I lost the “cheat” sheet to my Jesse Tree ornaments. Seriously? Who does that? There are as many variations of Jesse tree scriptures as there are people, I think. Each image corresponds to a story in the Bible. Who do these sandals belong to? The shepherds? There’s a tall building with the sun setting in the background? It’s not quite tall enough to be the Tower of Babel – and wait a minute, why isn’t the Tower of Babel represented here?
It amazes me how “messy” Christmas really is.” Baking cookies, sprinkling them with colored sugar, the glitter, the fallen pine needles – the the Jesse tree with its missing stories that I have jumbled back together. The Advent readings you miss. The presents that you hope that will evoke joy, and always fall short. And yet, we keep trying every year to cover all of the flaws that come with the season with twinkling lights and a swipe of frosting.
The Jesse Tree, if it is anything, is a chronological representation of human failure. Every single pillow, lined up on my yardstick corkboard, are stories of messes. Rahab with her red cord; David with Bathsheba; Abraham and his servant, and even a lowly stable.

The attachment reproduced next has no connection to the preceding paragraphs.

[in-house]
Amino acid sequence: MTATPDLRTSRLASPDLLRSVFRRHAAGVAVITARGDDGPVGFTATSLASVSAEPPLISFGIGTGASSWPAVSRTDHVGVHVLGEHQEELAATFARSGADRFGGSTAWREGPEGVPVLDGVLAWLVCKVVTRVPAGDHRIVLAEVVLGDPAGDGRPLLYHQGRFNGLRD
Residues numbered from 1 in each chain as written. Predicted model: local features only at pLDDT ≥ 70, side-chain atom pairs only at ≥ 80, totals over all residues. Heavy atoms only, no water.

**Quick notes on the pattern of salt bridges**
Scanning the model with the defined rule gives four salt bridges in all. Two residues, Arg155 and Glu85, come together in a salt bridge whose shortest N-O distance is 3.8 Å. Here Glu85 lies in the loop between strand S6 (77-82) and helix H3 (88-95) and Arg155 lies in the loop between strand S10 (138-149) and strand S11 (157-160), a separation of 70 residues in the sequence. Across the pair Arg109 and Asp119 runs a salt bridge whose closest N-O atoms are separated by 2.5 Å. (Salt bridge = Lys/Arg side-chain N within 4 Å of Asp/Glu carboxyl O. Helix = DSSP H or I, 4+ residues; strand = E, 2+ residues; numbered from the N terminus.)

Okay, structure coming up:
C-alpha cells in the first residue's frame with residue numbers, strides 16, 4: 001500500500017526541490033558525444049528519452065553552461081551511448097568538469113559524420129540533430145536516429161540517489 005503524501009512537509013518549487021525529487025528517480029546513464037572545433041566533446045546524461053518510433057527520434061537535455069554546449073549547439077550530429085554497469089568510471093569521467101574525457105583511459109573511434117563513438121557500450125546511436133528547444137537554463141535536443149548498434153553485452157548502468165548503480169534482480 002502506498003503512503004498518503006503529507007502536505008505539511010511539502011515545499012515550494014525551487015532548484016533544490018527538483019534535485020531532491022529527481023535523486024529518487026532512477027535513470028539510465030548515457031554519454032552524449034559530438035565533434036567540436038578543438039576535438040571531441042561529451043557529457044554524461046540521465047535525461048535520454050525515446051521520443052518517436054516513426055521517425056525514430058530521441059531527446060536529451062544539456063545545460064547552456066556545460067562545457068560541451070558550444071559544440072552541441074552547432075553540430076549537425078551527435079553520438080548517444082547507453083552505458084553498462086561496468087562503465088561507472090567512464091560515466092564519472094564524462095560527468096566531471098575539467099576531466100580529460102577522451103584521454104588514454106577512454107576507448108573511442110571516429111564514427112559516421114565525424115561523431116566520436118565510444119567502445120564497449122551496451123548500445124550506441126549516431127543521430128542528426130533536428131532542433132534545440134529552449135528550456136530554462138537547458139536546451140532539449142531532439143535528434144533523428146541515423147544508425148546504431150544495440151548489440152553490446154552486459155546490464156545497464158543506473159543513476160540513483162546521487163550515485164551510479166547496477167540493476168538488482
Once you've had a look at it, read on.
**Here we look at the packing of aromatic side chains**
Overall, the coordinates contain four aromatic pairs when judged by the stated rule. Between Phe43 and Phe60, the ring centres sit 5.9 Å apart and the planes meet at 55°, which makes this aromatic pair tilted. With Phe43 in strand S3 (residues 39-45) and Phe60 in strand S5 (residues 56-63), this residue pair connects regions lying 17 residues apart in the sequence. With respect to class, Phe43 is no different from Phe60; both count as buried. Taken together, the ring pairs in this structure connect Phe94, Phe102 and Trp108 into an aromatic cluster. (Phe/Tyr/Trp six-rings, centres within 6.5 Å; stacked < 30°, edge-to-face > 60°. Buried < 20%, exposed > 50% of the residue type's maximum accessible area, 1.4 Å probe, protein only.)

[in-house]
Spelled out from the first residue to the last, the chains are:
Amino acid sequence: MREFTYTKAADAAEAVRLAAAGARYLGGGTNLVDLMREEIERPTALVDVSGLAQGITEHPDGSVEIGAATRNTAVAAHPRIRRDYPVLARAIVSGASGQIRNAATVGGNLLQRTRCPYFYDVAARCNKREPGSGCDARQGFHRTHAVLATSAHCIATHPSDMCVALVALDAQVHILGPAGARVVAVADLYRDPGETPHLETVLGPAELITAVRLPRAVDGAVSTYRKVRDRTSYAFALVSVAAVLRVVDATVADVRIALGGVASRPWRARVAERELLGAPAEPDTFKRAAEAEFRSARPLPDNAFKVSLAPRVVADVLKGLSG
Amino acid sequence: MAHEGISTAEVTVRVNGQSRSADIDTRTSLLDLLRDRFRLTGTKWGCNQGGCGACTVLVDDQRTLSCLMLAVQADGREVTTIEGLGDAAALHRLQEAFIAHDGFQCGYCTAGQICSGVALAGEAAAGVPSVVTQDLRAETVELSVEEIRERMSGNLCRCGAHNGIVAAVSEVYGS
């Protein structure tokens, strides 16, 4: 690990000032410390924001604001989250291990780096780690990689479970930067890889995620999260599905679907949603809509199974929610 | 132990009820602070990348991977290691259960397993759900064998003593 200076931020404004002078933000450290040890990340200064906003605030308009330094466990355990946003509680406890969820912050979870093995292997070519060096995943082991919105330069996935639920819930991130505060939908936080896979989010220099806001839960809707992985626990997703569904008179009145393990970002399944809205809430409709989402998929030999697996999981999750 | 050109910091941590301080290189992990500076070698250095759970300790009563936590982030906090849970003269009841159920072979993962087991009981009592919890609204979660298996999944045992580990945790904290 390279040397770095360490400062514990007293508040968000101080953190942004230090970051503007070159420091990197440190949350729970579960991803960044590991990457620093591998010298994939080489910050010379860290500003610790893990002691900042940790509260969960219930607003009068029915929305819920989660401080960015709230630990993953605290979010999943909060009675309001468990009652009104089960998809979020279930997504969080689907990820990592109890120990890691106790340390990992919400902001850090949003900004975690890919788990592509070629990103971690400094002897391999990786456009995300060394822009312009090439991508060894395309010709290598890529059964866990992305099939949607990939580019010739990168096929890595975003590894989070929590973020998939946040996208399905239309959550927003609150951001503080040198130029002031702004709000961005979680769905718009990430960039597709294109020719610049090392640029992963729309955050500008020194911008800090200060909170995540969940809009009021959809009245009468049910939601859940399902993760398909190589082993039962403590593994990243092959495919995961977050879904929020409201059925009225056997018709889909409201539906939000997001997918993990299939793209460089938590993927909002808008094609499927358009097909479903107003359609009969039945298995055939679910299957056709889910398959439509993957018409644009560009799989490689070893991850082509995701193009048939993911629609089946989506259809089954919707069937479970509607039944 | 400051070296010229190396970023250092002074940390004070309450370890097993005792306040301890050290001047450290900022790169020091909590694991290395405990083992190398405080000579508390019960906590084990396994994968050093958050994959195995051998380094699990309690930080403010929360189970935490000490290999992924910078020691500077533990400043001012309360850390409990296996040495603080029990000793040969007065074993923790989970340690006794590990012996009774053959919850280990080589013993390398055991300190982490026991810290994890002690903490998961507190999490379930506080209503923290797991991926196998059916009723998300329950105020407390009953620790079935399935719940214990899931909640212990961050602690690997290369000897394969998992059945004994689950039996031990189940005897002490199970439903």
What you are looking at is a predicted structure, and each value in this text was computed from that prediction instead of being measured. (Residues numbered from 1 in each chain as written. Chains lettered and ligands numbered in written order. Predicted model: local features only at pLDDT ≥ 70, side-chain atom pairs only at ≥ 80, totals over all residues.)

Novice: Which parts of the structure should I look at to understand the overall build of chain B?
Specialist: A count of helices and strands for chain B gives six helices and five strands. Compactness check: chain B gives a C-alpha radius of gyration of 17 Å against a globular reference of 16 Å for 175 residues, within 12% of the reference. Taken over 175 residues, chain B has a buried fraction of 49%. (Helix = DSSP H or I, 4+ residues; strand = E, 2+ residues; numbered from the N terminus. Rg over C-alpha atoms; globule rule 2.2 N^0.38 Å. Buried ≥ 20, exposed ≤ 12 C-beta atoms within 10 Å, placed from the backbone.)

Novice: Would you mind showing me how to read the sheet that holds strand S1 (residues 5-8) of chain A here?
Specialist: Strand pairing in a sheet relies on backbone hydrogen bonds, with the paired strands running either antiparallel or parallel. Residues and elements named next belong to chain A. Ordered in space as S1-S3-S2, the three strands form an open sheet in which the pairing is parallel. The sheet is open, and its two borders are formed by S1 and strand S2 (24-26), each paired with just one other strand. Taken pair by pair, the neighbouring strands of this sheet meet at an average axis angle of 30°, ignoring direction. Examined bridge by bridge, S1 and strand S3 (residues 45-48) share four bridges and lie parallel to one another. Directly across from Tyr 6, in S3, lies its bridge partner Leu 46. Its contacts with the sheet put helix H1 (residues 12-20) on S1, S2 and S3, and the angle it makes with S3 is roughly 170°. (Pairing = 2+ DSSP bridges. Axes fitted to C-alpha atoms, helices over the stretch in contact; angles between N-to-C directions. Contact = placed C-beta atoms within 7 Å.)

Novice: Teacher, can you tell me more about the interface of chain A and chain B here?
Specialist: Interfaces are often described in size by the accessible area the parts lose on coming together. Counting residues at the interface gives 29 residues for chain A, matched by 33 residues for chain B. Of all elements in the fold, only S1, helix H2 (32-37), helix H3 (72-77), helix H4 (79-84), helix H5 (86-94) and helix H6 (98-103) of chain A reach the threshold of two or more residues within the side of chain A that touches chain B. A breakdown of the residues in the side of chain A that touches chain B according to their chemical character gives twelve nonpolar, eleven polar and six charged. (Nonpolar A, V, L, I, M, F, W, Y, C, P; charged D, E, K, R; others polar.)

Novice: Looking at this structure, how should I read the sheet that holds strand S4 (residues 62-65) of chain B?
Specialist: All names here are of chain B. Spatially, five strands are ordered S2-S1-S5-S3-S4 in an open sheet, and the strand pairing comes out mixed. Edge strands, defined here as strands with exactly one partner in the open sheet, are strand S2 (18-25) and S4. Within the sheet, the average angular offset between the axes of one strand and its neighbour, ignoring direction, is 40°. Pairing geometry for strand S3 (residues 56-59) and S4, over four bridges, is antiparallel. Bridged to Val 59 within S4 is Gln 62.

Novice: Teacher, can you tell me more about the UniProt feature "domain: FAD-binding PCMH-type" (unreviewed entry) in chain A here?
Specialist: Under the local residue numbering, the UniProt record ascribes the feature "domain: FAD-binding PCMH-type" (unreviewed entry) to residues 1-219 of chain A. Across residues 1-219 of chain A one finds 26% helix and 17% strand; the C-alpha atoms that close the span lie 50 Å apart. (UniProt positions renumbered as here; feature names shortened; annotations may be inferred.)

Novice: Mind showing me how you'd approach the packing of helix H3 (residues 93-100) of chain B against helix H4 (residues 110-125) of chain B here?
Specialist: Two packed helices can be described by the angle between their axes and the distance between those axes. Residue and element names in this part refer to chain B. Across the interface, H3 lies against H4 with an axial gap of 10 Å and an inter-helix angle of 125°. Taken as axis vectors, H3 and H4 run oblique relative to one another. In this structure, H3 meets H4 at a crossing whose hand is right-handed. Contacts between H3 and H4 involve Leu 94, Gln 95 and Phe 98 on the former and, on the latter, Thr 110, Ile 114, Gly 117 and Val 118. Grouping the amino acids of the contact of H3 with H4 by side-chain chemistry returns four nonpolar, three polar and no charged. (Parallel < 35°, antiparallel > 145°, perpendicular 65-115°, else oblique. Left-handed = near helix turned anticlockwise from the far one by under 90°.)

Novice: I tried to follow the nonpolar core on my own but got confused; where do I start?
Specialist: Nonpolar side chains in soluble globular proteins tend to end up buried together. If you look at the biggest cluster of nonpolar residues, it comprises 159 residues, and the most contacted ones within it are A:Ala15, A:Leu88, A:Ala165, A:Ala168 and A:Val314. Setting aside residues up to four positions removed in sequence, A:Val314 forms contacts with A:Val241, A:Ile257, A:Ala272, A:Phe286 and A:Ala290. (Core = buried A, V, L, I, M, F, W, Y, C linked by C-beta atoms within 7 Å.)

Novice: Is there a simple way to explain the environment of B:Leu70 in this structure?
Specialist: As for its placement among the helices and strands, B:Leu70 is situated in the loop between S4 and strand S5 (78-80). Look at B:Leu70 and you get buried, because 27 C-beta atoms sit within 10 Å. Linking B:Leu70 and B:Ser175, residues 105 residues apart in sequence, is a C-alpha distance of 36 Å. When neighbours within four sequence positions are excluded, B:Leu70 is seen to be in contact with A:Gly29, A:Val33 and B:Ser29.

Here, in my powdered-sugar covered floor and countertops, the Jesse Tree hangs on the wall, pristine – yet documenting one human mess after another — a mirror of our own lives.
But I keep wiping off the countertops, trying to get it right, thinking of the perfect gifts, and fixing the bows, knowing I am running out of time and energy. But I have to thank Ann for this… I saw it while scrolling through Facebook, and it stunned me when I saw it – Christmas is coming, whether we’re ready for it or not.
Really? I’m not making Christmas happen, all by myself? This isn’t all on my shoulders? There is no “good enough?”
That Jesus came, while his people were messing up and failing – and he didn’t wait for everyone to get everything perfect before he showed up.
It’s takes a bit of working it around in your head to get there – but when you get there; you can find the freedom, and the joy of Christmas. This elusive gift that left us in childhood when we became the caretakers and the orchestrators of everyone else’s dreams. When you drop the lies of what you’ve heard about not being good enough for Church, or the gospel, and realize that broken people are exactly who He came to hang out with – to help. And you can step back in the background and just enjoy the presence of love. And no, that’s no myth, and no fairytale. This just “is.”